I will not reprove thee for thy sacrifices or thy burnt offerings, to have been continually before me.8. Render with R.V.,
I will not reprove thee for thy sacrifices;
And thy burnt offerings are continually before me.
This rendering is grammatically preferable to that of R.V. marg. Nor for thy burnt offerings, which are &c., which gives substantially the same sense. God’s indictment does not relate to sacrifice: the stated offerings are duly presented. Continually seems to allude to the ‘continual burnt offering,’ which was offered daily, morning and evening. See Numbers 28:3 ff.
9ff. The owner of the vast herds of animals which roam the forests and range over a thousand mountains is not like some earthly king who comes and takes the choicest of his subjects’ possessions at his will (1 Samuel 8:16 f.). The phrase rendered upon a thousand hills may mean upon the mountains where thousands are. The construction in either case is peculiar, and it has been conjectured that we should read upon the mountains of God, as in Psalm 36:6; but the alteration is hardly necessary.
I will take no bullock out of thy house, nor he goats out of thy folds.
For every beast of the forest is mine, and the cattle upon a thousand hills.
I know all the fowls of the mountains: and the wild beasts of the field are mine.11. The wild beasts of the field] A peculiar phrase, found only in another Asaphite Psalm (Psalm 80:13), meaning probably all that moveth in the field, including the ‘creeping thing’ (Genesis 1:24 f).
are mine] Lit., are with me, i.e. are in my sight (P.B.V.), or, in my mind (R.V. marg.).
12f. If God had need of sustenance, He would not be dependent upon man for it: but a spiritual Being needs no material support.
If I were hungry, I would not tell thee: for the world is mine, and the fulness thereof.12. the world is mine &c.] Cp. Psalm 24:1; Psalm 89:11; Exodus 19:5; Deuteronomy 10:14; Job 41:11; 1 Corinthians 10:26.
Will I eat the flesh of bulls, or drink the blood of goats?13. Such a gross and material notion of sacrifice was common in heathen countries, and the survival of the phrase ‘bread’ or ‘food of Jehovah’ seems to indicate that it once existed even in Israel. See Leviticus 3:11; Leviticus 21:6; Leviticus 21:8; Leviticus 21:17; Leviticus 21:21; &c. See Robertson Smith, Religion of the Semites, p. 207.
Offer unto God thanksgiving; and pay thy vows unto the most High:14. Offer &c.] Lit., sacrifice unto God thanksgiving: hence R.V., offer unto God the sacrifice of thanksgiving. The context makes it clear that spiritual sacrifices of thanksgiving are meant, not the material ‘sacrifices of thanksgiving’ (Leviticus 7:12) as contrasted with burnt offerings. Cp. Psalm 69:30 f; Psalm 51:17; Hosea 14:2.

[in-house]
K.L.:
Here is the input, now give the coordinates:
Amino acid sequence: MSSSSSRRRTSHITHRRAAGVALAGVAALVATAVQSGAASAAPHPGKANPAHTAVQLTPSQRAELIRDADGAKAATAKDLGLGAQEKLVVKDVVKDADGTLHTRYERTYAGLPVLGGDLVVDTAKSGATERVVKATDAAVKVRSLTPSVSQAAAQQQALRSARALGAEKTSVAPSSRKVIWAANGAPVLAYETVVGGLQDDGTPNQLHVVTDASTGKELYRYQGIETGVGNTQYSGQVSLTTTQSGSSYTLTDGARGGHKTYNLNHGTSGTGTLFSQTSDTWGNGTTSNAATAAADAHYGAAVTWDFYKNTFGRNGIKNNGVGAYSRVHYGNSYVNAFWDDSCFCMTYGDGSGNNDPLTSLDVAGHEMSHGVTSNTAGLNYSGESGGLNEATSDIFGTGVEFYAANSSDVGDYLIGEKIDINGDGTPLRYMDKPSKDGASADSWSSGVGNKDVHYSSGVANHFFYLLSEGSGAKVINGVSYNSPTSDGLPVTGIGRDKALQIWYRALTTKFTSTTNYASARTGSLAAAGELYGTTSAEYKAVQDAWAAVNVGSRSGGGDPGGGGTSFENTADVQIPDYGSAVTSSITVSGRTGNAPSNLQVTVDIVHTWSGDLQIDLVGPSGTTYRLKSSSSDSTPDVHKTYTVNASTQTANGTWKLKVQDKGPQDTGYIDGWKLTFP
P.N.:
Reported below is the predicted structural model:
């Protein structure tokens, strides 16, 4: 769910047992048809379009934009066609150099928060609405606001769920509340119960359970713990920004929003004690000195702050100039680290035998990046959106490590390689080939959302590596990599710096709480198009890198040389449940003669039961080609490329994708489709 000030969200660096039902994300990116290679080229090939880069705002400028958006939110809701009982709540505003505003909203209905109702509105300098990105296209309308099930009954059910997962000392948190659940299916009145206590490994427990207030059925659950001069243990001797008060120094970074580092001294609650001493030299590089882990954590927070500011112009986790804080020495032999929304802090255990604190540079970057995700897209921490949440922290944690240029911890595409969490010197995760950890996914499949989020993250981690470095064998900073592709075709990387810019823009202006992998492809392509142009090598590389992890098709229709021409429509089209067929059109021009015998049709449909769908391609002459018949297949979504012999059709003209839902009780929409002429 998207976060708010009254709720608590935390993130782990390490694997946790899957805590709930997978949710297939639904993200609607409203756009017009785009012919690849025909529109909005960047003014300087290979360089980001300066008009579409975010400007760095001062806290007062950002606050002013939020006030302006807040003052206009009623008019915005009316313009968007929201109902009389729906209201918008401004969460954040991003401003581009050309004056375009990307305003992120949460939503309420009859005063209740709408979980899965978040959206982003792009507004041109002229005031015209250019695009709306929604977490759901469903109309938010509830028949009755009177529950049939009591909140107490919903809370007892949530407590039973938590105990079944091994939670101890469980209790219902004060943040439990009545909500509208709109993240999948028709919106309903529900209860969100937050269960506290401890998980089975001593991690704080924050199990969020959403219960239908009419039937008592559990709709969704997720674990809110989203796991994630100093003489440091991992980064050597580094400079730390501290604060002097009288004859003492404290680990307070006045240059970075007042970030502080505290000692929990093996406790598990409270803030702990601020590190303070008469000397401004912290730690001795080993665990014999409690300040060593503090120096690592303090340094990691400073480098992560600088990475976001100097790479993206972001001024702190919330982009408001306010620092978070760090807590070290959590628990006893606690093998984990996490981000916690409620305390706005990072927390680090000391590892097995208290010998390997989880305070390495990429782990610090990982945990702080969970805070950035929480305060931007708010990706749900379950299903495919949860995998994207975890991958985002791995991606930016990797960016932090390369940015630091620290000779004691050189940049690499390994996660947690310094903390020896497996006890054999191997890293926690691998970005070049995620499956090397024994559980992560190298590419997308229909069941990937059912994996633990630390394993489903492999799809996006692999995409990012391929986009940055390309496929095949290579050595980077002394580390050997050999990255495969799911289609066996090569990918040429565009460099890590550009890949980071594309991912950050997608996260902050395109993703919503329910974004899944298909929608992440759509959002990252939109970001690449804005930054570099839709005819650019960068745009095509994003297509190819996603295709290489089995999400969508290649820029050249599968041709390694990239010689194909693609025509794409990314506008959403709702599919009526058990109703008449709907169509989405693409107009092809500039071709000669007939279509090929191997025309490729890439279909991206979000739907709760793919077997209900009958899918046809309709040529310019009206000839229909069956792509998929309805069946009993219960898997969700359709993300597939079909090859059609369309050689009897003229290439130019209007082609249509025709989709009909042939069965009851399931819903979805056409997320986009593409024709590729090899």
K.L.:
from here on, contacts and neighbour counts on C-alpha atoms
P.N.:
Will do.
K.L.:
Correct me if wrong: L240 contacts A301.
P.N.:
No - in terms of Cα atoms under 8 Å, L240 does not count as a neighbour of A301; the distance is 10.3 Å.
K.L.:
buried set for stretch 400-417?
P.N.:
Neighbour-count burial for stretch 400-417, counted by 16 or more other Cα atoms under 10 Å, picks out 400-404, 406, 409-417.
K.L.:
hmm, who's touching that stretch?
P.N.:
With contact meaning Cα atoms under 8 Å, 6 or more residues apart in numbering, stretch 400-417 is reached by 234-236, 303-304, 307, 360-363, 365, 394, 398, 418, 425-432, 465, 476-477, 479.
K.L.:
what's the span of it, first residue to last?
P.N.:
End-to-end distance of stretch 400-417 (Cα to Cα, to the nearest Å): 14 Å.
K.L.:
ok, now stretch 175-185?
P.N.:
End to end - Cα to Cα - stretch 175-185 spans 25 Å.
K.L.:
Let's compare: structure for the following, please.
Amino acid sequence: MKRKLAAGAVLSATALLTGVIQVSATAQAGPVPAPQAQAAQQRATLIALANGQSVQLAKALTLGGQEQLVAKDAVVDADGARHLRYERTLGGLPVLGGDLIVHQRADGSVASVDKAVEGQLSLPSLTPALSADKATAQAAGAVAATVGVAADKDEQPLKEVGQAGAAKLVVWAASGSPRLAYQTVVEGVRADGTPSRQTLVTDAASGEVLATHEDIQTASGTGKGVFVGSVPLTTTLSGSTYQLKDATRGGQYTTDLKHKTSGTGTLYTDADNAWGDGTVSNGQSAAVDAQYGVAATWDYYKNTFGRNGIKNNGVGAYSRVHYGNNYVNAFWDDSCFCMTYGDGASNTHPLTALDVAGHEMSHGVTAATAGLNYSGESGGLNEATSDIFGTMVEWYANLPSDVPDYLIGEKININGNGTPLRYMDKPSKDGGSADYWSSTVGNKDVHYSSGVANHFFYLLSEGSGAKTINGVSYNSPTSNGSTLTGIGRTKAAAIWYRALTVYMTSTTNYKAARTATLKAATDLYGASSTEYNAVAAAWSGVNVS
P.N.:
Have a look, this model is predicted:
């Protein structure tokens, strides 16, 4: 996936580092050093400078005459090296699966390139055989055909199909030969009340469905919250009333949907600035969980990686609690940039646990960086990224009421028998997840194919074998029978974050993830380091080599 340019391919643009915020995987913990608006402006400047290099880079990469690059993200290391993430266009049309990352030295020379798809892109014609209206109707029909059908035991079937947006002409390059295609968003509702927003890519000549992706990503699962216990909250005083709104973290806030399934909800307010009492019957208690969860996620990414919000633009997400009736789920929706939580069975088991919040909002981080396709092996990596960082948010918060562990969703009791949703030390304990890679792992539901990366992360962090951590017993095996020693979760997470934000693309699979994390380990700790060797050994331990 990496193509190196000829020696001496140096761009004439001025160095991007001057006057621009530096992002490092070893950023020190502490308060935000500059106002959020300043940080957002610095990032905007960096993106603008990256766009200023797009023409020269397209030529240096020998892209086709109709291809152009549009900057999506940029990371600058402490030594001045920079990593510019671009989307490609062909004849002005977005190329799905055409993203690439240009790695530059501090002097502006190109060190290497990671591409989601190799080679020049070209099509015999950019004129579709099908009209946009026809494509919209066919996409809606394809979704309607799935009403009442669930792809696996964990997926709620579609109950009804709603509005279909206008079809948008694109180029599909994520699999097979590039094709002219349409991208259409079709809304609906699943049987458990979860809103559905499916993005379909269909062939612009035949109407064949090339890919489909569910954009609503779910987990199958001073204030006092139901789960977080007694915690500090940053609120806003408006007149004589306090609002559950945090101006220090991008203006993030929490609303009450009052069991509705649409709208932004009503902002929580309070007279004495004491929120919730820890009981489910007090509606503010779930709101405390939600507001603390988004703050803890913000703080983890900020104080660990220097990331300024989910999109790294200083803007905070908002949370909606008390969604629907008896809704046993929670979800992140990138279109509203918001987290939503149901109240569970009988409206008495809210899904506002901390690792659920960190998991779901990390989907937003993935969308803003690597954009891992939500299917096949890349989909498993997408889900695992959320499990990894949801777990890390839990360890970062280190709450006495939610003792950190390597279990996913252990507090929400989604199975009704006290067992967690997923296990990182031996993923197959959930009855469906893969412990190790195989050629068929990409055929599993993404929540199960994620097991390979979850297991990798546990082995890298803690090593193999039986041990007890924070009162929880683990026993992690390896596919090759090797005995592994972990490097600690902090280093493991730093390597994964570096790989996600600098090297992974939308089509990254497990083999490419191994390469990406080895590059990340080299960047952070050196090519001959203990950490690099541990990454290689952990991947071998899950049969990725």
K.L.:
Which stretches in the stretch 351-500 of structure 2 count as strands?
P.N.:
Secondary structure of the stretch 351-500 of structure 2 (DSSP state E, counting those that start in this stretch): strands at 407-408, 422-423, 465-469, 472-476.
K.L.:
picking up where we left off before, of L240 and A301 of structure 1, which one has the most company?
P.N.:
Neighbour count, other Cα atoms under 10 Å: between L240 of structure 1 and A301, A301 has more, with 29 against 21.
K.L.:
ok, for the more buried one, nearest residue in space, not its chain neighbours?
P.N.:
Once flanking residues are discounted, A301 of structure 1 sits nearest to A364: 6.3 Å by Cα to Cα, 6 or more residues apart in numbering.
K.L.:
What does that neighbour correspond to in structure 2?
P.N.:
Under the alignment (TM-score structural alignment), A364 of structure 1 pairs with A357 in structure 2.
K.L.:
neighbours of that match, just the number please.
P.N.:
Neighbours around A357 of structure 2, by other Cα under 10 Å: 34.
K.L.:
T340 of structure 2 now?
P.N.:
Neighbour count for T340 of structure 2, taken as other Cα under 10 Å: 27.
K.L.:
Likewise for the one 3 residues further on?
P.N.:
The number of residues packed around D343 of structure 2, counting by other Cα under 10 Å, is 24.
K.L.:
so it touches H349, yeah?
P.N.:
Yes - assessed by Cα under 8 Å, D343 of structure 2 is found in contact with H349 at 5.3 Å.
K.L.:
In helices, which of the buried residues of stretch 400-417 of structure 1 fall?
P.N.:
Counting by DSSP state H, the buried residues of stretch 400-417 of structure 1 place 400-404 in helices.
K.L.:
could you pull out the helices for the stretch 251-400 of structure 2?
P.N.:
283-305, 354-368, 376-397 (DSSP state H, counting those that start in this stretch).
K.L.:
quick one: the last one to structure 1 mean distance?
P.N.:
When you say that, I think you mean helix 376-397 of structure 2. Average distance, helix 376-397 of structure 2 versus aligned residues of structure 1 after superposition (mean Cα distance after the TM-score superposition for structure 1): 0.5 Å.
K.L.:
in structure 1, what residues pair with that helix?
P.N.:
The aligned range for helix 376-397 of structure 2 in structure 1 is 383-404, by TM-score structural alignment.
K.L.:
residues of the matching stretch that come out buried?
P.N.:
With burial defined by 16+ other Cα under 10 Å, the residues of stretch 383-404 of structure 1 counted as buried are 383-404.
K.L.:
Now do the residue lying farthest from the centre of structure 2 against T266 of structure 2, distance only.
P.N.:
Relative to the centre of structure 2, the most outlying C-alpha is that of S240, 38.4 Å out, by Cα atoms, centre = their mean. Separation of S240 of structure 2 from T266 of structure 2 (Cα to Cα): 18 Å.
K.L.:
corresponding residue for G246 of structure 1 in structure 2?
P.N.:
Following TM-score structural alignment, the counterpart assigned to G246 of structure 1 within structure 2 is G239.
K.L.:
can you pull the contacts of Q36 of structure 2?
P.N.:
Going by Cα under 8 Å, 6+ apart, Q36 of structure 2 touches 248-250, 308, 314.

and pay &c.] i.e., by such spiritual sacrifice thou shalt discharge thy vows (Leviticus 7:16). Cp. Psalm 61:8.
14, 15. What sacrifice then does God desire? Not the material sacrifices of the altar, but the offering of the heart.
And call upon me in the day of trouble: I will deliver thee, and thou shalt glorify me.15. call upon me &c.] Prayer is the proof of trust. Cp. Psalm 20:1; yet note that that Psalm contains a reference to the acceptableness of material sacrifice (Psalm 50:3).
The LXX. here inserts a Selah, which would appropriately mark the close of this division of the Ps. Cp. Psalm 50:6.
But unto the wicked God saith, What hast thou to do to declare my statutes, or that thou shouldest take my covenant in thy mouth?16. What meanest thou by rehearsing my statutes, and by having taken (R.V. rightly, and that thou hast taken) my covenant in thy mouth? The people had pledged themselves to observe the conditions of the covenant as laid down in the ‘book of the covenant,’ of which the Decalogue (‘the tables of the covenant’) was the first and most important part (Exodus 24:7), and these men professed to recognise their duty as Israelites. Cp. Isaiah 29:13; Matthew 15:8.
16–21. In the preceding verses God has reproved the formalist:—the man who regarded the offering of sacrifice as the essence of religion. He now turns to address the wicked man:—the hypocrite, who repeated His commandments and professed allegiance to Him, while he deliberately set those commandments at defiance by his conduct. To him God adopts a sterner tone. The offences with which he is charged are breaches of the commandments of the second Table of the Decalogue, neglect of the simplest moral duties toward his neighbour. The general reproof in Psalm 50:16-17 is followed by specific charges of breaking the eighth, seventh, and ninth commandments, and the address concludes with a stern warning, Psalm 50:21. Comp. generally Hosea 4:1-2; Romans 2:17-24.